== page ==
“I inform my wife about important decisions I take for the family. But if I know something is right or good, I decide. I don’t feel the need to discuss every matter with her,” said an educated young person while discussing decision-making in his household. His response represents a common belief in our households—the belief that the household in-charge can unilaterally decide. For most households in our cultural context, that person happens to be an elderly male figure.
There are multiple problems with such a model of decision-making. First, by merely informing our wives, mothers and daughters about our decisions, we are taking away their agencies. In doing so, we reiterate that the decision-maker knows better and can decide on the lives of the others. Second, such a model of decision-making involves a risk of nurturing a passivity that brings more harm than good in the long run, for both the active decision maker and the passive follower.
For the most part of their shared lives, parents take decisions for their children. But as these children grow up, the same parents may expect their sons and daughters to make decisions on their own. And if there is a hesitation or inability to decide, parents may even express their frustration. Another example is that we ask our daughters and sisters to keep away from men outside the family all their lives but then want them to decide on marriage soon after they have met someone, even briefly.
In our education system, educational engagements for children at school are highly structured—the government provides a curriculum; the school chooses textbooks, extra- and co-curricular activities; the teachers set up exams and discussions without involving children. But, as soon as the students pass grade 10 they are expected to decide what to study for their 10+2, or bachelors. Such examples display the ambiguity embedded in our decision-making.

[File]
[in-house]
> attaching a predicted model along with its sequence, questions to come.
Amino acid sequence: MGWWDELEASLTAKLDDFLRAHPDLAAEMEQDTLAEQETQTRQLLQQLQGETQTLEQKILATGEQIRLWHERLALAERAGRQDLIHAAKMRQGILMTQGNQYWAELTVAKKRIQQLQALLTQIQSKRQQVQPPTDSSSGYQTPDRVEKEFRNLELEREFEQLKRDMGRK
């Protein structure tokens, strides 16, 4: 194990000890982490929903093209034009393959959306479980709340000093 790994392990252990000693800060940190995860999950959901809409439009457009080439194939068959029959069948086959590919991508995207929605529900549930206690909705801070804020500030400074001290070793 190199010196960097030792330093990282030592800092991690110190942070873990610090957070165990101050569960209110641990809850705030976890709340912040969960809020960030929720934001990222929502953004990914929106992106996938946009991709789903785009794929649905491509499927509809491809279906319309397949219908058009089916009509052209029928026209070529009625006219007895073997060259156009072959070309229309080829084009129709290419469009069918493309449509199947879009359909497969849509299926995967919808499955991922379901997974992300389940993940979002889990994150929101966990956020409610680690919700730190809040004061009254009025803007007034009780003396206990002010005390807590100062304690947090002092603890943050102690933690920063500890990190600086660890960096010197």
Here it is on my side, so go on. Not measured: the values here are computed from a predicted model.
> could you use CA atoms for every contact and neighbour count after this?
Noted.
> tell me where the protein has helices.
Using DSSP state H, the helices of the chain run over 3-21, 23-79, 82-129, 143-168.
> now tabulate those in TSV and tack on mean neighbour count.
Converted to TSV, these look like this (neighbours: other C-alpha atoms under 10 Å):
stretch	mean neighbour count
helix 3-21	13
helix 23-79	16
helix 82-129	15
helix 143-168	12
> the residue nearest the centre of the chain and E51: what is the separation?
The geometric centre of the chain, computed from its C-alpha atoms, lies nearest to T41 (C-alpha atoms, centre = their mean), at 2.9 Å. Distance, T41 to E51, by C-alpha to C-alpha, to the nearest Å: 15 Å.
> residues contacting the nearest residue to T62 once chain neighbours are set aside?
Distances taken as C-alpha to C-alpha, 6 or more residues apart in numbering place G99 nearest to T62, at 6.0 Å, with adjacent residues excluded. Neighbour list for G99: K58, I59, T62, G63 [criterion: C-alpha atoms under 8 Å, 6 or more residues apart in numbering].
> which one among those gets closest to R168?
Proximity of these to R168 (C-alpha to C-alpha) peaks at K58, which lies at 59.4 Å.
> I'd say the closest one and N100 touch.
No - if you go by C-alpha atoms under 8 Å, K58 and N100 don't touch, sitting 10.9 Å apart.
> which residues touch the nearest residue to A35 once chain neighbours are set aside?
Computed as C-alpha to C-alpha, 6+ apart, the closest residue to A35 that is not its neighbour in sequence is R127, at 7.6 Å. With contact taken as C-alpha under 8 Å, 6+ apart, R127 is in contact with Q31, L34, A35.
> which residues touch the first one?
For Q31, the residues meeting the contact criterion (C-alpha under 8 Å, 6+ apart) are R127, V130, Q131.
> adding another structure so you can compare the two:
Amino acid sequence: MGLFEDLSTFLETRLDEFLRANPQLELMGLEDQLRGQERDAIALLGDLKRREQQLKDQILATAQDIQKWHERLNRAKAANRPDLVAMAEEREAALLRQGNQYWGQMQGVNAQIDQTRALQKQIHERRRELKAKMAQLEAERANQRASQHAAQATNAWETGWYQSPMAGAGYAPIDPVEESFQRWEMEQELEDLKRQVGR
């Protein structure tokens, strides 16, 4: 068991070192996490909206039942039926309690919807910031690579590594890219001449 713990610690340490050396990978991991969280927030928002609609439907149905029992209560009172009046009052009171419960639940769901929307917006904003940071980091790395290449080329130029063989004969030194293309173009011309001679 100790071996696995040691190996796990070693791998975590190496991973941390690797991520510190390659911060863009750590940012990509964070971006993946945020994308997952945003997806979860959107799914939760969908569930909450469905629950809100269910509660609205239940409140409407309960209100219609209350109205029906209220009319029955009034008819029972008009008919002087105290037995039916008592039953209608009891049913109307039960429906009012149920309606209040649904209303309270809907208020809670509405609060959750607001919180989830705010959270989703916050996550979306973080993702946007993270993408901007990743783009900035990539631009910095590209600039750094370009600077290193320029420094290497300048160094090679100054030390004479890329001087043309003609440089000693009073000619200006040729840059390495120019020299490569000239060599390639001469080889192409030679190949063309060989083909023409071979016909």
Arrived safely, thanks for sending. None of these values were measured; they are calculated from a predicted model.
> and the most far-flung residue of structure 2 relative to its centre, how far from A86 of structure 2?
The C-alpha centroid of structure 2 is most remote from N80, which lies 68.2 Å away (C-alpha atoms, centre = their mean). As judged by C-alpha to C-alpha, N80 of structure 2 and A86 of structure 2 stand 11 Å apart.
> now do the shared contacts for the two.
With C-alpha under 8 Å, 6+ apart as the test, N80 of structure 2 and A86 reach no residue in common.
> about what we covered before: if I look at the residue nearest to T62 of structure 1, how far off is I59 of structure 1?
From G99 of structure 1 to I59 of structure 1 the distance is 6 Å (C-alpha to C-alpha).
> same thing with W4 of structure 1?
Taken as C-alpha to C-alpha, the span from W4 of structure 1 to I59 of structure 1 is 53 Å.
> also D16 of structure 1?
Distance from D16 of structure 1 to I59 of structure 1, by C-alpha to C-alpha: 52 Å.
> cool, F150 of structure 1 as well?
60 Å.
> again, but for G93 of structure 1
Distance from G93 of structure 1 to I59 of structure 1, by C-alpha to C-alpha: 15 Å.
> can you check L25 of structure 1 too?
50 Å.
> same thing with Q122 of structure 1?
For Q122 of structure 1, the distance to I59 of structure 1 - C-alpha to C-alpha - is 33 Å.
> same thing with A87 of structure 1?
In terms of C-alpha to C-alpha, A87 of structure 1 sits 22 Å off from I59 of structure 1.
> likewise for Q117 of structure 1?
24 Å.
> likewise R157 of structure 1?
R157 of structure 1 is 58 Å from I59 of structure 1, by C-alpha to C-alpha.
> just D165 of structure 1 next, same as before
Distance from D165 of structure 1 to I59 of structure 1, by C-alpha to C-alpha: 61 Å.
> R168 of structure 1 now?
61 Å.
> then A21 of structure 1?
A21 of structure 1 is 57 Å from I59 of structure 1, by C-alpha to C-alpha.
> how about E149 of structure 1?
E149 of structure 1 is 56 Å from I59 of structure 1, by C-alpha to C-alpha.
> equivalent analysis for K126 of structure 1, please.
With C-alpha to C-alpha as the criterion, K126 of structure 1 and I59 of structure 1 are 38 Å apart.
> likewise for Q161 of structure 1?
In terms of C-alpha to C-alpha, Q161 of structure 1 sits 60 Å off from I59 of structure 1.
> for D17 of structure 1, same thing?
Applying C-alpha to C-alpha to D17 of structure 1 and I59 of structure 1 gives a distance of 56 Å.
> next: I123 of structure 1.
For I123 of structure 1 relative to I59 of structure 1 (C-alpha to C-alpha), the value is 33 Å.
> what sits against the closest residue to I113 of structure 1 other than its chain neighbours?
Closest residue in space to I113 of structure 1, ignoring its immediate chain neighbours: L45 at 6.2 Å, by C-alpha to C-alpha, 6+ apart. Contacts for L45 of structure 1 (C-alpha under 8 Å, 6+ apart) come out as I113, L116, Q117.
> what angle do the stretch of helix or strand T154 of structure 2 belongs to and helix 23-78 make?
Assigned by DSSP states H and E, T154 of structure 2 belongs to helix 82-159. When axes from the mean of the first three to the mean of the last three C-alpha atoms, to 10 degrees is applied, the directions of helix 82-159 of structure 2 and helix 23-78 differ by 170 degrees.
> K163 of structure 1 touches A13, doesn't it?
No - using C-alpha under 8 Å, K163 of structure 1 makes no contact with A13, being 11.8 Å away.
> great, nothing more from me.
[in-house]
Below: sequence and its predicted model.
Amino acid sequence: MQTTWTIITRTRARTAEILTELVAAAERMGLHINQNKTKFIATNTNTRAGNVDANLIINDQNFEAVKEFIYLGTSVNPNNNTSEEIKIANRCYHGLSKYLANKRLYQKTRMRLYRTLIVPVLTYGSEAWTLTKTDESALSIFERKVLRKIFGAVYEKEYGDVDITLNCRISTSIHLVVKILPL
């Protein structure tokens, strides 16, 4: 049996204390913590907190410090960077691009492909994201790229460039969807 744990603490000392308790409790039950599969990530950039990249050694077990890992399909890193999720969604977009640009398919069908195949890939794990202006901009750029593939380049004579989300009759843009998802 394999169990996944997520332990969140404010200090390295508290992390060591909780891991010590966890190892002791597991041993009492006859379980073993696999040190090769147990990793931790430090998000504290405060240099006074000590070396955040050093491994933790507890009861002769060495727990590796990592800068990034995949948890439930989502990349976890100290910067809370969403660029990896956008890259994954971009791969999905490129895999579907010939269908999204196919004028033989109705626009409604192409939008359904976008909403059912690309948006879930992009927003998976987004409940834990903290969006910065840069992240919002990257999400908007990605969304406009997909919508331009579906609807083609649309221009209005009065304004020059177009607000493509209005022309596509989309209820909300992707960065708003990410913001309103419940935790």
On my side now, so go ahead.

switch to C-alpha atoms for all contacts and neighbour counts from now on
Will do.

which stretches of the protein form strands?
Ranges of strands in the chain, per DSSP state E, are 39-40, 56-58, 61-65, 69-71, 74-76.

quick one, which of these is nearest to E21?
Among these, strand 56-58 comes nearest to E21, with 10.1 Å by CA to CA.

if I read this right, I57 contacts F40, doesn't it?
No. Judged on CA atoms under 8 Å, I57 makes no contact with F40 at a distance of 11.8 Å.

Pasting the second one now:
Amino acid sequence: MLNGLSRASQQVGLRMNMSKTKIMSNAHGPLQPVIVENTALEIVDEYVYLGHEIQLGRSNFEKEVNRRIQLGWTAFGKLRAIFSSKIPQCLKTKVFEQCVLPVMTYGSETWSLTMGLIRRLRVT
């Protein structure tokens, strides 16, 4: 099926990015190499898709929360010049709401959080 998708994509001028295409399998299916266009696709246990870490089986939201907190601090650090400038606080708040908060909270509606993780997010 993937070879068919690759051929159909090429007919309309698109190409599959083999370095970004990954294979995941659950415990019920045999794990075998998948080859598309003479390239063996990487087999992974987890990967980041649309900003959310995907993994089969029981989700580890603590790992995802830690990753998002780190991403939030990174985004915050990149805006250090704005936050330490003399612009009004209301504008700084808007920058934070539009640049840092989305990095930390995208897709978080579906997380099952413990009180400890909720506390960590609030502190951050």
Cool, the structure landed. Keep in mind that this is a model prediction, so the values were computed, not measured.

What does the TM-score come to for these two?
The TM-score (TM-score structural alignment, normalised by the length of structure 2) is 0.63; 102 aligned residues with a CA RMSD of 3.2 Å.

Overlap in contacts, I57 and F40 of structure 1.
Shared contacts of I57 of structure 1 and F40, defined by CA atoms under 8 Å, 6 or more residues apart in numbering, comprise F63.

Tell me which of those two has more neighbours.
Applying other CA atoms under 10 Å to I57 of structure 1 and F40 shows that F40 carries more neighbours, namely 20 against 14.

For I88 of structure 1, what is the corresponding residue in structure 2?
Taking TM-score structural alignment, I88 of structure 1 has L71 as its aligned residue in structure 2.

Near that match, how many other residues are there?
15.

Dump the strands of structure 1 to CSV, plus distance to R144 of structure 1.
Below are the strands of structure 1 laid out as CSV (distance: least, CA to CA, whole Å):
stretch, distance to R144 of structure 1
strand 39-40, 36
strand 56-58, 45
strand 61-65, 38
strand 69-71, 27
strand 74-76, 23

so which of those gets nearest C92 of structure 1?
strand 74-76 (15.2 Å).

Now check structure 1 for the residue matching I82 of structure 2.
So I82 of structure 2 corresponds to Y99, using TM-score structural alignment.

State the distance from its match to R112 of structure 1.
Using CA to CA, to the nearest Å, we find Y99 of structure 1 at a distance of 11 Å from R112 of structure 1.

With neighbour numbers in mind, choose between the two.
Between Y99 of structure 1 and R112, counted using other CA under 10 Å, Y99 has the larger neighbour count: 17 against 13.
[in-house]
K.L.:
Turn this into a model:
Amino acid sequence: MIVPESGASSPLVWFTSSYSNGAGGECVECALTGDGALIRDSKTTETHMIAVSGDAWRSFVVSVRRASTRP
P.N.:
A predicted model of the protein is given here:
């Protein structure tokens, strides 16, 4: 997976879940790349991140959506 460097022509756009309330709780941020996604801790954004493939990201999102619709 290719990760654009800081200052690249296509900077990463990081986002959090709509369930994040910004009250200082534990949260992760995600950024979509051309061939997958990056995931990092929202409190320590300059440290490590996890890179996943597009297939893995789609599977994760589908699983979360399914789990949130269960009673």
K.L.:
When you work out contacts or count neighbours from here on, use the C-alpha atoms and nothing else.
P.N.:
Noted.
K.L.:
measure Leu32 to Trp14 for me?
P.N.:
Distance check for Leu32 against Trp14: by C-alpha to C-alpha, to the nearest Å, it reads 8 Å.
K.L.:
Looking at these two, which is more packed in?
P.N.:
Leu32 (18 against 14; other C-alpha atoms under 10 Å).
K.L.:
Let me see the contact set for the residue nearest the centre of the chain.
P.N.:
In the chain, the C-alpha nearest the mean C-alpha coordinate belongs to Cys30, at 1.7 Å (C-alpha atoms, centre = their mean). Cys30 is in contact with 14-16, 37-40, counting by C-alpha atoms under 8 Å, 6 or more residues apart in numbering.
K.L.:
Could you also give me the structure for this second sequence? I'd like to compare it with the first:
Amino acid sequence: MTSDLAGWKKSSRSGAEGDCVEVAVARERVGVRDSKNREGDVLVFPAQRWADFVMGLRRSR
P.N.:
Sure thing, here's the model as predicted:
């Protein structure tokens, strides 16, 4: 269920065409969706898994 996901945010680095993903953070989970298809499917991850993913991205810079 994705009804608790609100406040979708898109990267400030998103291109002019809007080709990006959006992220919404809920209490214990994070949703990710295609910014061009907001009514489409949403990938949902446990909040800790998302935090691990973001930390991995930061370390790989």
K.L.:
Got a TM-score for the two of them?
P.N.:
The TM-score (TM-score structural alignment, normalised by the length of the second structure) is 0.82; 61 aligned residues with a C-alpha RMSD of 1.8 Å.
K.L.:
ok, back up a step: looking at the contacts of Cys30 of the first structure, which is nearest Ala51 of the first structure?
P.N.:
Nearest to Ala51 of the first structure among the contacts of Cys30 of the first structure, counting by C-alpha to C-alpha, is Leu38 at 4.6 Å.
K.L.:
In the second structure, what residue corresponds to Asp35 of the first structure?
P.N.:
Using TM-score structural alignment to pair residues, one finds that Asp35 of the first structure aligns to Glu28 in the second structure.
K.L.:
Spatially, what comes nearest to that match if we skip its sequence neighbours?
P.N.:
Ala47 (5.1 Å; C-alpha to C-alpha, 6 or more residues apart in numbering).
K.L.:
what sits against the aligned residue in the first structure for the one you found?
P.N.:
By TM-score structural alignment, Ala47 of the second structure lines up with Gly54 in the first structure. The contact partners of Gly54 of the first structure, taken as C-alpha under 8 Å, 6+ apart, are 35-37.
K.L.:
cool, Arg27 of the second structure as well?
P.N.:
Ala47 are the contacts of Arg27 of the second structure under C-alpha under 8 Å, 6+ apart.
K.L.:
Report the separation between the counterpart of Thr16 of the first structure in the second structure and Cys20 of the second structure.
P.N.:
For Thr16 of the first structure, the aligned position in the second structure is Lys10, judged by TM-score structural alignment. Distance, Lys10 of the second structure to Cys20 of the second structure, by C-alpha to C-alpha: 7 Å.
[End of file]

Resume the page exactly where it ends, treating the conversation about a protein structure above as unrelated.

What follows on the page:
It is wrong to expect someone to decide without equipping them with necessary social, cultural and psychological tools. How can someone who is not even encouraged to decide on seemingly simple things like choosing a dress, a meal, a magazine, or a movie take significant decisions like which discipline to study, what career to pursue, or which country to live in?
Those who decide for others commonly argue that they have benevolence at heart and more knowledge and experience at hand. But are prior knowledge and experience prerequisites or adequate for good decisions? Where then do qualities like creativity and novelty fit? How often do we reflect on the consequences of our earlier decisions on ourselves and on others? What have been the repercussions of the decisions our elders/parents/bosses/spouses have made on our behalf without including us? We find that there are hardly any right or wrong decisions; there are only right and wrong ways of decision-making.
The ‘right to self-determination’ principle, popular in social work, asks practitioners to allow the client to make decisions on their own. This principle is built on the belief that ‘only the wearer knows where the show pinches’. The practitioners treat clients as ‘experts by experience’ and facilitate the client’s understanding of their context, strengths and limitations. Practitioners offer help in the process but never decide for clients or merely inform them. Social work practitioners believe that clients strengthen their agencies and become empowered by practicing their right to self-determination.
We firmly believe that the ‘right to self-determination’ should be integrated in our everyday decision-making including families, offices, and bureaucratic apparatuses. We propose engaging people of all ages, including children, unfailingly in the decisions that matter to them. Children, particularly, should not be treated as individuals without agency and merely be informed, but be actively engaged in matters that affect their lives. Engagement in decision-making in one area empowers them to decide in other areas too.
However, some individuals and groups like people with mental challenges, young children, and the marginalized might need support in decision-making. This support should be extended by laying out the contexts and the consequences of the decision-making rather than deciding on their behalf.
The best decisions come from sharing and engagement instead of unilateral assumptions and patronization. So let’s not forget to engage people who have a stake. And haven’t we agreed over generations that two heads are better than one anyway?